Every so often someone comes along to restore your faith in humanity.
About three weeks ago, my sons’ football coach approached my husband to say that he was very sorry that we had lost Clea and that he hadn’t known. He followed up this conversation with a very heartfelt email saying that he felt stupid not knowing and that he was sorry for being six years too late. He said a number of other kind and brave things about us and Clea.
I’m not sure how he had found out but he had done his homework. We had recently become friends on FaceBook so maybe he had wondered why there were three children in my profile photograph. Or maybe he had clicked on the bad video link of my husband and I reading my husband’s poetry at the National Multicultural Festival and wondered why we would read a poem about our dead daughter. However this man found out, he followed up his discovery by searching for more and more information. He had read my blog and he had read my husband’s poetry (and he’ll probably read this).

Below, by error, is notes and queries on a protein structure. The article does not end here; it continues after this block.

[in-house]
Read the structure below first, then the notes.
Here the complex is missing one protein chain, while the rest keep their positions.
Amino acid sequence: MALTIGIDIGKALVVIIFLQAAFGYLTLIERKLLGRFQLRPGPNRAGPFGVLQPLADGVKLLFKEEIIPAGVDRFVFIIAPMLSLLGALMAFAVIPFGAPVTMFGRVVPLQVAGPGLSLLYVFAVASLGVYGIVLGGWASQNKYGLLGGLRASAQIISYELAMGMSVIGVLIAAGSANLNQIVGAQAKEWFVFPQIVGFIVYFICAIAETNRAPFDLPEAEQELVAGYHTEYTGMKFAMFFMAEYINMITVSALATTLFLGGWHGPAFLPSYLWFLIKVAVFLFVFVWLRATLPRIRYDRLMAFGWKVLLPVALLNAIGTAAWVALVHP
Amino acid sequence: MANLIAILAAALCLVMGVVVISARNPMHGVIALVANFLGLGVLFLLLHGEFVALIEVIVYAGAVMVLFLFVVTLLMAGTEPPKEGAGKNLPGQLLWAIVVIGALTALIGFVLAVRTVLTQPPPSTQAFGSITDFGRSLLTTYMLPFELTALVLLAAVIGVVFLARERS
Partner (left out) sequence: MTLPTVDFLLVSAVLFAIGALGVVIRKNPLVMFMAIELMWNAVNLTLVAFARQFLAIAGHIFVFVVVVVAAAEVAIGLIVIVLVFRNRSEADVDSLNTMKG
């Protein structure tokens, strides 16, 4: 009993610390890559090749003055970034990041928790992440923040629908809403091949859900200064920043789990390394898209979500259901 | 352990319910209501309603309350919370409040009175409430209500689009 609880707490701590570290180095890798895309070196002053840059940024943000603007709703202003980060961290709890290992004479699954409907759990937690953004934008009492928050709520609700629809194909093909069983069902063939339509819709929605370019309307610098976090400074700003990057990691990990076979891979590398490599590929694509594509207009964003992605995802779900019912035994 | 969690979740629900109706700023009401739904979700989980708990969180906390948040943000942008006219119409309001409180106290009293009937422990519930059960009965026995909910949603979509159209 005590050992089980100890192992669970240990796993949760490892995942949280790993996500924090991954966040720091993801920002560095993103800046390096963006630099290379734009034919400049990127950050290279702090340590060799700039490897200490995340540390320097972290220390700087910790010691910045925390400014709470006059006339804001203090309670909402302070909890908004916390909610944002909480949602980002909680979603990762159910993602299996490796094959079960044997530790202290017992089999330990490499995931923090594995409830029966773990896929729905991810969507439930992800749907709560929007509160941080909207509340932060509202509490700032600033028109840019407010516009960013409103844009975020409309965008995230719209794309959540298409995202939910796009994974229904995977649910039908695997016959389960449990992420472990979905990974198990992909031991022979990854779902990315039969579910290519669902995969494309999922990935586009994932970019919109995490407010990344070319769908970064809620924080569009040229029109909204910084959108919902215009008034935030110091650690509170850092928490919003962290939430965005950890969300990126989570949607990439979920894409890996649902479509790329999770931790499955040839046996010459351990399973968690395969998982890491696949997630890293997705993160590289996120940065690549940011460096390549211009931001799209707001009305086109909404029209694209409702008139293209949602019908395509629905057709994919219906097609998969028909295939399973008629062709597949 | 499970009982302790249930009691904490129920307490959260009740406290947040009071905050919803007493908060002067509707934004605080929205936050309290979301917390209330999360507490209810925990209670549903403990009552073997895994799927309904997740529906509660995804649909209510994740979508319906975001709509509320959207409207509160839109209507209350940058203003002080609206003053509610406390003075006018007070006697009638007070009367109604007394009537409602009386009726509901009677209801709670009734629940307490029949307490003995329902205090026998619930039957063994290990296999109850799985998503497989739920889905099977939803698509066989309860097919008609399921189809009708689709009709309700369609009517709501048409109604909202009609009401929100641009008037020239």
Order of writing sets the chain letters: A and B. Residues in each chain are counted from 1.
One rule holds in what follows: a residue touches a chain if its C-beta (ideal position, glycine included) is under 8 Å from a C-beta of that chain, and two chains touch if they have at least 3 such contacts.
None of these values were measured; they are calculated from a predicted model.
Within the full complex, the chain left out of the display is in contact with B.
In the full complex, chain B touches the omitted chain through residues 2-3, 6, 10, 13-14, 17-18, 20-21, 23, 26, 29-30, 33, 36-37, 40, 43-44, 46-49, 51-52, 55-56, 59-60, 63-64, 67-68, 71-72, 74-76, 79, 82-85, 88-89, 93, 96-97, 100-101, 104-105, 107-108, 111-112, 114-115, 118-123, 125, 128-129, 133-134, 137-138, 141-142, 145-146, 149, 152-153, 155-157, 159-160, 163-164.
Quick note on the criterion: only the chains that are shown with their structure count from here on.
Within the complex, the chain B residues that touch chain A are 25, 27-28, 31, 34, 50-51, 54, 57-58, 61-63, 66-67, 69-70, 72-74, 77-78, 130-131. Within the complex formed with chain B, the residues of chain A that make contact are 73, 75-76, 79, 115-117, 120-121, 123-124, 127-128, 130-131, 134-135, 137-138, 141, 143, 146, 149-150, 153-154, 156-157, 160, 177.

But he didn’t leave it there as most people would. He actually reached out to us to show that he cared. He didn’t have to do that and many people, I’m sure, do find out about Clea and leave it at that. Their excuse is that they do no want to upset us or bring back bad memories. Believe me, and I’ve said this before, no one could upset us more than we are and those memories live with us on a daily basis.
I don’t expect everyone to know about Clea and I don’t think anyone is stupid for not knowing. I did mention Clea to a man at work recently, assuming that he did know, and he was very shocked. One should never assume.
I am very grateful that this man was brave, that he did face up to the nightmare of our lives and that he didn’t shy away from his own fears – the fear of our pain and how he would cope with that pain. That is everyone’s fear when they confront us with our pain. No one likes to face that fear. I wouldn’t want to.
I have lived with this pain for 339 weeks. Sometimes I cope OK. Sometimes I really, really do not cope at all. At present, I wouldn’t say that I was coping at all. My ability to cope changes almost daily.
But I am grateful for people like this man. People like him help me to cope just a little bit better.